Undoubtedly you’ve experienced the feeling: You go to buy a car or hook up your internet service, or just pay for your cell phone, and you find out the bills are considerably higher than you expected – higher than was advertised.
Probably, like many of us, you’ve wondered how this isn’t false advertising – how companies manage to get away with it.
And the reason, you realize, is that there are two types of crimes in this world: the illegal and the legal.
Simply put, sometimes things that should be crimes are not. Or perhaps it’s just a matter of proper interpretation and enforcement.
When Republicans are in office, don’t expect much of either if it goes against big business.
As economist Robert Reich has frequently noted, there really is no such thing as laissez-faire, despite Republican claims to the contrary: the government is always involved in some way or other; it’s just about the rules that it sets and who those rules favor.
For many years now, companies have gotten away with these “junk fees” – fees that add no actual value to a product or service and that are often designed to be hidden, unavoidable, or inserted at the last moment.
Though not many people seemed to notice, President Biden went on the offensive against such fees in the lead-up to the midterms, instructing the Consumer Financial Protection Bureau and the Federal Trade Commission to take actions to dissuade or even fine companies that apply them.
It is a very big deal that the Biden administration is cracking down on “junk fees.”
They're egregious and they’re everywhere:
Bank overdraft fees
Airline ticketing fees
Credit card late fees
Cell phone termination fees
They're used to manipulate and prey on working people.
— Robert Reich (@RBReich) October 21, 2022
In a statement issued last month, the administration noted that these ridiculous, nonsensical hidden fees can have extreme costs, often hitting those least able to afford them the hardest.
They calculated that credit card late payment fees total some $12 billion a year and that a substantial amount of this is junk fees.
There are typically about $15 billion in bank-generated “non-sufficient funds” (NSF) fees, many of which are applied surreptitiously, preventing consumers from making their accounts whole before a fee is applied.
The Financial Health Network found that low- to moderate-income families are almost two times as likely to be hit with NSF fees.
The administration also cited a CFPB estimate that found hidden fees from cable companies to be a whopping $28 billion (big shock there – thank you, Optimum).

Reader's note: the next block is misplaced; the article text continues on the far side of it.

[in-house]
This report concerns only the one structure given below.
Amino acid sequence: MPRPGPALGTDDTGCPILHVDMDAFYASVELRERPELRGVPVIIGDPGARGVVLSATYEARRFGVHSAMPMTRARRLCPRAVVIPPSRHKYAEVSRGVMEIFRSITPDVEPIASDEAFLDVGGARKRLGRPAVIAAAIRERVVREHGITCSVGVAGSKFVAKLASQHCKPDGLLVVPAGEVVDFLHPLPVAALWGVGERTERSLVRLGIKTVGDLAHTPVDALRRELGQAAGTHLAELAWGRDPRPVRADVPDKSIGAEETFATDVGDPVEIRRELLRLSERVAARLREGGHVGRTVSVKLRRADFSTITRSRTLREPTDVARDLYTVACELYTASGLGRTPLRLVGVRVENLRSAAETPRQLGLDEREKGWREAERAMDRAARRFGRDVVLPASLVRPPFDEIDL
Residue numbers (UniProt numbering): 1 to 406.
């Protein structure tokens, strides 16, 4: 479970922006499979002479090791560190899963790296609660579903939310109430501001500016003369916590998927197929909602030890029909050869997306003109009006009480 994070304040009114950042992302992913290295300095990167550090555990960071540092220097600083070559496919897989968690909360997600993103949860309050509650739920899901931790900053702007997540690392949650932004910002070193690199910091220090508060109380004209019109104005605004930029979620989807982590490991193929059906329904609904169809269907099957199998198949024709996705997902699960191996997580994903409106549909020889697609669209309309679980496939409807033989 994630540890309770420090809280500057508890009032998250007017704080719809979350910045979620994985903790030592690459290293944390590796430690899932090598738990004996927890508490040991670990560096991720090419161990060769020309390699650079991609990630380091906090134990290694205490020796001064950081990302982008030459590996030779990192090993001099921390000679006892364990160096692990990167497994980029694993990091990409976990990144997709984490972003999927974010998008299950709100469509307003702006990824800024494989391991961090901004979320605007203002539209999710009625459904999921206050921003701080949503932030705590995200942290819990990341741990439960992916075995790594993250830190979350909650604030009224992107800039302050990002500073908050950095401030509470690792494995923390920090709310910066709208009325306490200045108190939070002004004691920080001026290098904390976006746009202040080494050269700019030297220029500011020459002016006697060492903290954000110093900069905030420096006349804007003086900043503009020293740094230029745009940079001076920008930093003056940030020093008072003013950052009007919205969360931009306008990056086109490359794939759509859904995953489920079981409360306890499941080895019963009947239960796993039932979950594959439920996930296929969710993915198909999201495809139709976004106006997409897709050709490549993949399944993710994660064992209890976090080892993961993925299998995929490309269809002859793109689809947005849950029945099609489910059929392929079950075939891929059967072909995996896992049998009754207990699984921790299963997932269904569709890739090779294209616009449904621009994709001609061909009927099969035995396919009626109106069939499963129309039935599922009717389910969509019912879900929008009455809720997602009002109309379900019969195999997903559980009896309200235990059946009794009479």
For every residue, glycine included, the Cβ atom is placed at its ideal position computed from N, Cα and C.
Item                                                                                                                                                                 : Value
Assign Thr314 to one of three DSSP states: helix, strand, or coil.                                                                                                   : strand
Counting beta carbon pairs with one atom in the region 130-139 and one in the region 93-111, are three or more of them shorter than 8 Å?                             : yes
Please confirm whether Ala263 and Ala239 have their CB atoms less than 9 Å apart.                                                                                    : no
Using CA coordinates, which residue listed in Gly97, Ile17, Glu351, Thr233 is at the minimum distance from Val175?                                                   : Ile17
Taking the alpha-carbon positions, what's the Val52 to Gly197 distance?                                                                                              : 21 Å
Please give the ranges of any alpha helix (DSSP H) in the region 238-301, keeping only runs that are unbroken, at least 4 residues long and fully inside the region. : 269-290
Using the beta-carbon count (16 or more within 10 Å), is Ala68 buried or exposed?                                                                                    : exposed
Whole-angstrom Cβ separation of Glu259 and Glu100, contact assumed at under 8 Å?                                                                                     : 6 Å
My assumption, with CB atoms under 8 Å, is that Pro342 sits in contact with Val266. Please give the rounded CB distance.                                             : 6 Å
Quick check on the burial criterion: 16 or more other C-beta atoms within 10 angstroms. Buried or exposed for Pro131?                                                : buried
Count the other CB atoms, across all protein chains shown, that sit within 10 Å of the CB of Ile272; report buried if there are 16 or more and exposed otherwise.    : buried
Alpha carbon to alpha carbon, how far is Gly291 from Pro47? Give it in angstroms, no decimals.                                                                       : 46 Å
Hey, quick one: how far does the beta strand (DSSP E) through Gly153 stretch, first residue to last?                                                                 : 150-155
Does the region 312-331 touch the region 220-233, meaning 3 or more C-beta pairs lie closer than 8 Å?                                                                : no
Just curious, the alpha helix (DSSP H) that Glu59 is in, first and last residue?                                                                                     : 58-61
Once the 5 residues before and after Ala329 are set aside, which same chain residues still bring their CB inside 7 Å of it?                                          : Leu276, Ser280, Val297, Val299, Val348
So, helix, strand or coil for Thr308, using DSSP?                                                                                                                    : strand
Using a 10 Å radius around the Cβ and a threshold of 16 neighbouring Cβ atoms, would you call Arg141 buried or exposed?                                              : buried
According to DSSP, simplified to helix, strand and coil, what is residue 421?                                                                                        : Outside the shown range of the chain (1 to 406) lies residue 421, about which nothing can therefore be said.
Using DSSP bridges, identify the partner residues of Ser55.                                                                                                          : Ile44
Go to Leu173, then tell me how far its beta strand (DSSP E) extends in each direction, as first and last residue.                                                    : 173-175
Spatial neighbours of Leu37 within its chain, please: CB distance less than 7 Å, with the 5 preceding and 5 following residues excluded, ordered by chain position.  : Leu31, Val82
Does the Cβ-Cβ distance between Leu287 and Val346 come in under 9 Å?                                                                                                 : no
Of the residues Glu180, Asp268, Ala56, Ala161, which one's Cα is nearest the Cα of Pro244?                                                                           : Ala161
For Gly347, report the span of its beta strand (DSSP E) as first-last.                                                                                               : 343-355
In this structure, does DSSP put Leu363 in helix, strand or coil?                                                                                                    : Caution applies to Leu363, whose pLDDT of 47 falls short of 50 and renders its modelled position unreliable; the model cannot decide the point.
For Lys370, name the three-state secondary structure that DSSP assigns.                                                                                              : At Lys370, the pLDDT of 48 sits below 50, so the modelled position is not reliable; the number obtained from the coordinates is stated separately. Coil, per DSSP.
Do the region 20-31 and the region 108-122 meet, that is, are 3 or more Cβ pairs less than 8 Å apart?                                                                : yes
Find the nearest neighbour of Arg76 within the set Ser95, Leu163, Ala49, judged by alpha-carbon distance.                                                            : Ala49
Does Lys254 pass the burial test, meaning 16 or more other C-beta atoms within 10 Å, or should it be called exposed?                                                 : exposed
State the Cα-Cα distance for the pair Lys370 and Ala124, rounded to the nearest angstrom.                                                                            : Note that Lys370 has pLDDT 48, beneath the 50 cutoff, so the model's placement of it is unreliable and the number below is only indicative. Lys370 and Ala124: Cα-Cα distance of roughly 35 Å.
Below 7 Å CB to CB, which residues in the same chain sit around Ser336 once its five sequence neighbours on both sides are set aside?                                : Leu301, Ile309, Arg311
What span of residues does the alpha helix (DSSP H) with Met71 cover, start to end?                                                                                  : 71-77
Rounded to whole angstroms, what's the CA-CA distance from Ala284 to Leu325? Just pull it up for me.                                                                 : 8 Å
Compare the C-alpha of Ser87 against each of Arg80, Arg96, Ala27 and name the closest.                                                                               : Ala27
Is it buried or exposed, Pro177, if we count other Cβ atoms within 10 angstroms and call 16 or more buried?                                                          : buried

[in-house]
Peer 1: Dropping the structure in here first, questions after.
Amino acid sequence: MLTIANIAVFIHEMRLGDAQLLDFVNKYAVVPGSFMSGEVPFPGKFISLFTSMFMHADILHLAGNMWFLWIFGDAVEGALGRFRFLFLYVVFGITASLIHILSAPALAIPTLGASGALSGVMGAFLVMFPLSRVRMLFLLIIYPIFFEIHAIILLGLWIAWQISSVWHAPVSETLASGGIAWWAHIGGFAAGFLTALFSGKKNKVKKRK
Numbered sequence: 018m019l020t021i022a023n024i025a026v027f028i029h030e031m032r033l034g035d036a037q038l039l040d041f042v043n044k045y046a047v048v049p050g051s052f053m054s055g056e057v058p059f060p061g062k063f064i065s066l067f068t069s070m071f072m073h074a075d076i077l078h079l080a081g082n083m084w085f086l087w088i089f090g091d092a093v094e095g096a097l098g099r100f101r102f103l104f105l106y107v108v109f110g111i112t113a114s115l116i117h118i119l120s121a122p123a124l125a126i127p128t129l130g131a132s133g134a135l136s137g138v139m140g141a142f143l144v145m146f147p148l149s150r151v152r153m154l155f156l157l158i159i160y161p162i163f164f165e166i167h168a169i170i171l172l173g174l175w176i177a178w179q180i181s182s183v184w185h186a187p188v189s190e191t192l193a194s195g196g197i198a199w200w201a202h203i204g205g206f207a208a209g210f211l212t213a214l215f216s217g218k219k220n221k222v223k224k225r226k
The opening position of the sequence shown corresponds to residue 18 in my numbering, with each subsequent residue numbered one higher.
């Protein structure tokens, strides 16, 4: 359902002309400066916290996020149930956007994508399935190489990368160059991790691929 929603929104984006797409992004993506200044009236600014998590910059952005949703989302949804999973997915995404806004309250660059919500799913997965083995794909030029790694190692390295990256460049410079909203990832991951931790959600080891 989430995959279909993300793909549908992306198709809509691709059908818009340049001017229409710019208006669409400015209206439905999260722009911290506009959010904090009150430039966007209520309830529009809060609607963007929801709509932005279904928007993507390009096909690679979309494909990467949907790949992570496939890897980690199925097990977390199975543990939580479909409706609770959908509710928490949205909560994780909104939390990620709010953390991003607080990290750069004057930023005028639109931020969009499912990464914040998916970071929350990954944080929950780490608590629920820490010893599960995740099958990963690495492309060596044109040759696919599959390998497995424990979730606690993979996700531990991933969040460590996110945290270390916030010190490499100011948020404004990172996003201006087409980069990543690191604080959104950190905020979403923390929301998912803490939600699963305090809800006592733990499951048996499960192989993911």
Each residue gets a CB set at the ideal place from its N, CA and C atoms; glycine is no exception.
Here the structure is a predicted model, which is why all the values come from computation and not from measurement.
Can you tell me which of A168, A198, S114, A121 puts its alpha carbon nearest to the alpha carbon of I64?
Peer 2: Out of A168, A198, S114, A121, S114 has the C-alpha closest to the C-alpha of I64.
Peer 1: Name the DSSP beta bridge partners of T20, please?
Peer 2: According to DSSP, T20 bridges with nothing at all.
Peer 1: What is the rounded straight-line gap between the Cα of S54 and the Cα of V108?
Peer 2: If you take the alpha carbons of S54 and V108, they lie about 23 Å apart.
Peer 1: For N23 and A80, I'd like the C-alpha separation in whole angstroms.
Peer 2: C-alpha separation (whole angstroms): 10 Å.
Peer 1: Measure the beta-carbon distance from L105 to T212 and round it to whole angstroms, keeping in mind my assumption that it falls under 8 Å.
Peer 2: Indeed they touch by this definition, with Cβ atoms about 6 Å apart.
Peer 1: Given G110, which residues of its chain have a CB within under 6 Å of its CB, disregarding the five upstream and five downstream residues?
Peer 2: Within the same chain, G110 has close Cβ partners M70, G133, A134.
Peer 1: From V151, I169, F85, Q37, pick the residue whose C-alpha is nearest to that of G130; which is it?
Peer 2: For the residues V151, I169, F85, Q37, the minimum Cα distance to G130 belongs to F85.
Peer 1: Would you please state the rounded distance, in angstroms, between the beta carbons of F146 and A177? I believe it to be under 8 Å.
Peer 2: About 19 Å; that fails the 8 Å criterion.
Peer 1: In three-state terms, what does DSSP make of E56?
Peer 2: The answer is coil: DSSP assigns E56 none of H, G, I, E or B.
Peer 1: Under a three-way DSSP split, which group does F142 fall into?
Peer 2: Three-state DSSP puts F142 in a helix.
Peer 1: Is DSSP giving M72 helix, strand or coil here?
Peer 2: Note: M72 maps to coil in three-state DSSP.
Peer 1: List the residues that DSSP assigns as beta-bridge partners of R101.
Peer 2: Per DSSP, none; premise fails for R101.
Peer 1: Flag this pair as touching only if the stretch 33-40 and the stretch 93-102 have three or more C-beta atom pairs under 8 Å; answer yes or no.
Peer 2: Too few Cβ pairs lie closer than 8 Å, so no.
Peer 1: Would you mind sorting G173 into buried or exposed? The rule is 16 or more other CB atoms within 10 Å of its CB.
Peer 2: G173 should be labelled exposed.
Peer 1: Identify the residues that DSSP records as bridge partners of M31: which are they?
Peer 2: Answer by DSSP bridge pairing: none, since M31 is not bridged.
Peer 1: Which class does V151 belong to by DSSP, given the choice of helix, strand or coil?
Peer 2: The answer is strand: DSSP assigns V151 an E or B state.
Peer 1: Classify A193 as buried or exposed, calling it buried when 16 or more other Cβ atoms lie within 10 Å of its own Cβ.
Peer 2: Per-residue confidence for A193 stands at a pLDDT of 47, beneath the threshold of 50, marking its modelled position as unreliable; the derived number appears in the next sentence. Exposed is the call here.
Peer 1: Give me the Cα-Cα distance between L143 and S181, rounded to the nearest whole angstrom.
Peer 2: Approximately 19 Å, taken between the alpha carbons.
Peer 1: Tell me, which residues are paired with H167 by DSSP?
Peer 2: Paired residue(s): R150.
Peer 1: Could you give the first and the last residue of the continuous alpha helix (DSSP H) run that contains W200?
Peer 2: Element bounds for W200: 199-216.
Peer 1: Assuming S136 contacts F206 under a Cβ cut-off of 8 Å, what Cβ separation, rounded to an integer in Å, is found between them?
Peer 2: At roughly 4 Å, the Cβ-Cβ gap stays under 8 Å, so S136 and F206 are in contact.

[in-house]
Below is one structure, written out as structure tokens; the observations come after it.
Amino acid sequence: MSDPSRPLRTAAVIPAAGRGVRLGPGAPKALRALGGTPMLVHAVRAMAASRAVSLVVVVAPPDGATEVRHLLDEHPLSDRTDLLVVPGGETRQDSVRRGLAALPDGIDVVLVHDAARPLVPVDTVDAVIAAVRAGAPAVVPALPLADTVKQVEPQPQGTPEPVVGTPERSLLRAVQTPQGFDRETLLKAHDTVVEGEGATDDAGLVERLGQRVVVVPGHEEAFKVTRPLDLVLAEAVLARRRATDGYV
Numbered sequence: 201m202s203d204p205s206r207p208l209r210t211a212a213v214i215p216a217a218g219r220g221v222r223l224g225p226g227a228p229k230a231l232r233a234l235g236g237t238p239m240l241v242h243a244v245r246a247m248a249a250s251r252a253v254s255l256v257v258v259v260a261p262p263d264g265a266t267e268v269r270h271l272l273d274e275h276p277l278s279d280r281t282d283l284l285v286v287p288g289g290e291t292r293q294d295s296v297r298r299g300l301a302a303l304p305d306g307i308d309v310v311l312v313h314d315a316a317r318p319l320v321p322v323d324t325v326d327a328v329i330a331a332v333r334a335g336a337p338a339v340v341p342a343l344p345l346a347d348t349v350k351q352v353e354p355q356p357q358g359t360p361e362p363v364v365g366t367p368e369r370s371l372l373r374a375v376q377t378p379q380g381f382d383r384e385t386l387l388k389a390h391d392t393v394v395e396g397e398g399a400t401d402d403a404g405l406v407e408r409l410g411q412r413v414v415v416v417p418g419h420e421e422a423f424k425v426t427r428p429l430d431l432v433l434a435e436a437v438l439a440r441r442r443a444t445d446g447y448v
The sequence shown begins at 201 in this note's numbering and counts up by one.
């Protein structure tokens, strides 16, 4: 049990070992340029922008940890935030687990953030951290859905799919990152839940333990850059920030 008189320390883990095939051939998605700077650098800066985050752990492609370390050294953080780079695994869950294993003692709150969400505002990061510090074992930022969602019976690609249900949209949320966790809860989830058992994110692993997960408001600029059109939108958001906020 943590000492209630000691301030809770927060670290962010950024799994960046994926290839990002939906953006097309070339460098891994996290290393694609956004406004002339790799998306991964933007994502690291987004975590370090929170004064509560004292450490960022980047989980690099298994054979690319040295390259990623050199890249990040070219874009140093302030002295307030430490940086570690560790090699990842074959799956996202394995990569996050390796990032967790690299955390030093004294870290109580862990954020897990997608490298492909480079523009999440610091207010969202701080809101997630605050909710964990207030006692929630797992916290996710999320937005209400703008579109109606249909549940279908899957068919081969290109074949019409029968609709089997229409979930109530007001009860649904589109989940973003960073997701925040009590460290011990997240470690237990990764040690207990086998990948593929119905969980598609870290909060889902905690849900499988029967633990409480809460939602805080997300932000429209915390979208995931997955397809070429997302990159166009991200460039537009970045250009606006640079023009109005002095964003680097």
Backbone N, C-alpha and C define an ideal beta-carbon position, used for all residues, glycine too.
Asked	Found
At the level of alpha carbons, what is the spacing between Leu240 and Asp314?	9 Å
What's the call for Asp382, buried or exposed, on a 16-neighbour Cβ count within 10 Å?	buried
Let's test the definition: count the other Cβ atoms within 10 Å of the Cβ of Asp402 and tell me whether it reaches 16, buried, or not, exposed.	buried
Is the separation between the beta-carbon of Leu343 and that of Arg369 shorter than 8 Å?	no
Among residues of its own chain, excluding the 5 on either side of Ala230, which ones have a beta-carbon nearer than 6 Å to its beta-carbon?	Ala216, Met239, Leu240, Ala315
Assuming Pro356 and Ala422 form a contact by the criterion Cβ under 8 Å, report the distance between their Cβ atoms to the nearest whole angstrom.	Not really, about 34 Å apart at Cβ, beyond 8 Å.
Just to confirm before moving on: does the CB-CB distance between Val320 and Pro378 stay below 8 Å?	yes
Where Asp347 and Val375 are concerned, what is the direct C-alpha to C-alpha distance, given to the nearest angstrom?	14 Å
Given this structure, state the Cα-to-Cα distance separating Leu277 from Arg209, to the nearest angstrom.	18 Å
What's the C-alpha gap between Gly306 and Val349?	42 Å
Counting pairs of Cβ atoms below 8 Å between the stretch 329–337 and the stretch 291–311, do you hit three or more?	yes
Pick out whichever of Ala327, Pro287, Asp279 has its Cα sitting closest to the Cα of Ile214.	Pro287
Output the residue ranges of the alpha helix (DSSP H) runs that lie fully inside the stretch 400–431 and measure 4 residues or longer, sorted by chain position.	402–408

Slow speeds. Hidden fees. Poor customer support.
Our office has reviewed hundreds of complaints about Optimum's service, many of which involved customers who paid for Internet plans which weren't running at the speeds they were paying for (here's a sampling of some complaints). pic.twitter.com/mmmIAkA82N
— AG William Tong (@AGWilliamTong) November 21, 2022
One tactic is for companies to employ “drip pricing” – the practice of tacking on fees at the end of the buying process.
This takes advantage of consumers by only alerting them to certain fees when they’re at the very end of a long process and will likely agree to the extra money just to get done with things – essentially, subterfuge through exhaustion.
“These junk fees – they’re unfair and they’re hitting marginalized Americans the hardest, especially low-income folks and people of color,” the president said when announcing his intention to take action. “They benefit big corporations, not consumers, not working families.”
“Junk fees cost” Americans tens of millions of dollars a year – weighing down family budgets and making it harder for people to pay their bills. pic.twitter.com/F74bMirFLO
— President Biden (@POTUS) November 18, 2022
Since much of the president’s strategy involves directing federal agencies to propose new rules through administrative law – and to reinterpret old ones – he can avoid a Congress that, with the GOP taking over the House, is likely to be recalcitrant.
One Republican, retiring Senator Pat Toomey of Pennsylvania, has already lambasted the administration’s efforts, calling the CFPB an “out-of-control and unaccountable agency.”
Right, Pat – as opposed to Chase, American Airlines, GoDaddy, Hilton, Payday Loans, et cetera, et cetera, et cetera.
Jesus, @AmericanAir, you sent my elderly mother’s baggage to Cedar Rapids instead of her actual destination (Knoxville), and wont refund the $30 bag fee because it was “delivered to a destination”??? Ticket #: 0010264011545. Do the right thing.
— James Mulvenon (@jmulvenon) May 10, 2022
We wouldn’t want those poor innocent companies to suffer the burden of reasonable regulation, would we? Perish the thought!
Perhaps we should give you credit for one thing, though, senator: at least you’ve had the courtesy to retire before your brain goes completely to mush.
(Of course, that credit comes with an 8% dumbass fee and another 12% we’ll tack on at the end, just because we can.)
The free market, baby!
Ty Ross contributed research.
Help Ross go after the bastards by joining him on Twitter: @RossRosenfeld